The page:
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Over the course of the tournament’s eight iterations, Alex Jebailey built a massive brand around Orlando-based fighting game tournament series CEO. After its humble beginnings in 2010, the series grew rapidly in all areas. More entrants and more games meant the event needed more and more space to keep running.

As a result of this, Jebailey announced after CEO 2017 that the event, despite the ‘O’ in the name standing for ‘Orlando,’ would be moving to Daytona for 2018 as the tournament required more space than could be acquired in Orlando.

Whether they were there for Street Fighter V, Super Smash Bros. Melee, Super Smash Bros. for Wii U, Dragon Ball FighterZ, Tekken 7, or any other number of popular fighting games, almost every attendee enjoyed the tournament. However, most people’s experience with the city of Daytona was less than stellar.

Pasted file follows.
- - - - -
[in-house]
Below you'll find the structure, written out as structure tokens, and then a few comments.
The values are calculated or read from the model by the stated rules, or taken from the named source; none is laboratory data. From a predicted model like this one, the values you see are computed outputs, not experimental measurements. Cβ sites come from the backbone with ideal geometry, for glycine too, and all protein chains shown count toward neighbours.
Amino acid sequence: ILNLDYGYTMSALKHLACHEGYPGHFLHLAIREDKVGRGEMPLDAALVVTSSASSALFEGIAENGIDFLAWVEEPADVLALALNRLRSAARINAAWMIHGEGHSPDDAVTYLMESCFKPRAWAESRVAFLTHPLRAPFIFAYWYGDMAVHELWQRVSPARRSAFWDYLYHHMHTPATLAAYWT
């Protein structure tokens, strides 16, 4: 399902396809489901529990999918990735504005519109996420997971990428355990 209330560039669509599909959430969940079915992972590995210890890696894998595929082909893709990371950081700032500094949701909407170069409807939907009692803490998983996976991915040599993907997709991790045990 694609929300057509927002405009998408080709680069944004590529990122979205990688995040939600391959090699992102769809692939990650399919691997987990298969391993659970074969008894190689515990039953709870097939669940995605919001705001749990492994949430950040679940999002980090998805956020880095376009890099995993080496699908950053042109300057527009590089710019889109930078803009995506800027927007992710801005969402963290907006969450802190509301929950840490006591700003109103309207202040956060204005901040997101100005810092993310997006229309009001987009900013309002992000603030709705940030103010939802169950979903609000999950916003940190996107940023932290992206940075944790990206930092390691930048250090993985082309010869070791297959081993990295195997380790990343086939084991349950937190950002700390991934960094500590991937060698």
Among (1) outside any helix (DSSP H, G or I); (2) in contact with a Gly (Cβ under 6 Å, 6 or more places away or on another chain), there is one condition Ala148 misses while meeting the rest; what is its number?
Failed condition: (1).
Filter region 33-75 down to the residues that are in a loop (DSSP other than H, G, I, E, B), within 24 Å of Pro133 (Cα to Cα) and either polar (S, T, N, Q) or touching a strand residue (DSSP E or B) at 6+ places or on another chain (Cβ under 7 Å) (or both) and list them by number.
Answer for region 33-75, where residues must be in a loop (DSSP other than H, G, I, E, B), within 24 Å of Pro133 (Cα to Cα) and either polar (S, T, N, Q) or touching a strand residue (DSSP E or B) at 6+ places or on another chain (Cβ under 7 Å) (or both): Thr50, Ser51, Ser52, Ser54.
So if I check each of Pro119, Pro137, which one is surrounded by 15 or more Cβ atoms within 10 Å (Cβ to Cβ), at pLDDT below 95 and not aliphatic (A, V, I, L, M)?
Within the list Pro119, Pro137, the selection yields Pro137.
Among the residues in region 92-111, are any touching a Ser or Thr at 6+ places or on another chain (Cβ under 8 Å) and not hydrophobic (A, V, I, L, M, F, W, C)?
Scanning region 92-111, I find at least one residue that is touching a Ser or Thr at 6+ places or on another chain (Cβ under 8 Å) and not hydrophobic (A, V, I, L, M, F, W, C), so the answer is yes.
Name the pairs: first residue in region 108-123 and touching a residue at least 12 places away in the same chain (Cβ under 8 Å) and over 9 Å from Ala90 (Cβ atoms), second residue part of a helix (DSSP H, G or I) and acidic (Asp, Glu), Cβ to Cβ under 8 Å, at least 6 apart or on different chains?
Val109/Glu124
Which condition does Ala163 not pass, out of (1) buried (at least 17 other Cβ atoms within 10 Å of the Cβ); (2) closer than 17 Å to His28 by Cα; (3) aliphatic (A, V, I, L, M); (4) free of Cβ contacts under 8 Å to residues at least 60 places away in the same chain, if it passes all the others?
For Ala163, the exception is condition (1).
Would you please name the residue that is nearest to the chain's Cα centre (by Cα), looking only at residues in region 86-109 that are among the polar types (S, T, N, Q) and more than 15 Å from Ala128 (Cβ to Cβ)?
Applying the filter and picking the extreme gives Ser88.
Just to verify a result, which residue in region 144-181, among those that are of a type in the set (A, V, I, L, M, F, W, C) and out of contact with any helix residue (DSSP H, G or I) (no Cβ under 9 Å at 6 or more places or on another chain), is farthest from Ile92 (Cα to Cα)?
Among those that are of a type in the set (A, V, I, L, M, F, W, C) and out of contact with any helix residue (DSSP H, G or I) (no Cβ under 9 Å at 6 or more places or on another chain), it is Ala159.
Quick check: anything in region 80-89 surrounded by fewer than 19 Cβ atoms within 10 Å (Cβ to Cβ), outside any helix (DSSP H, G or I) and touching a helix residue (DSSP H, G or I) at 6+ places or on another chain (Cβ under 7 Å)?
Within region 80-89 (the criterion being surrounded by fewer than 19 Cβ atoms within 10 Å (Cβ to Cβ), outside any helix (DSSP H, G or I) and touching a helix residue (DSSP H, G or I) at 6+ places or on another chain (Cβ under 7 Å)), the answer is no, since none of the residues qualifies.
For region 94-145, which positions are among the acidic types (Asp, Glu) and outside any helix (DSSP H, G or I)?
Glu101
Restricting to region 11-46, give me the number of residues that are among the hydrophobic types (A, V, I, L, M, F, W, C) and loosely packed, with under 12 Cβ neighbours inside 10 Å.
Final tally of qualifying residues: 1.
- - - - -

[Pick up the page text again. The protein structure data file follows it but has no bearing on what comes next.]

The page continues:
No singular factor was the reason that people didn’t enjoy the city, but apparently panhandling was a problem for more than a few attendees. Multiple people reported that racist comments and actions by Daytona residents also hurt the experience.

In a six-tweet-long thread, Jebailey explained that he’s spoken with the Daytona Beach Police Department about the problems tournament-goers experienced between June 28 and July 1 this year. They assured him that for CEO 2019, they will heavily increase their presence in the streets near and around the venue to help discourage any unseemly behavior.

Jebailey also made sure to point out that the city of Daytona Beach will be passing panhandling ordinances in order to help restore the city to the tourism hot spot that it’s used to being.

This is a great step forwards and just another reason why Jebailey is a great figurehead among the FGC. Any cities or communities with issues like these should certainly try and contact the city and see if similar steps can be taken.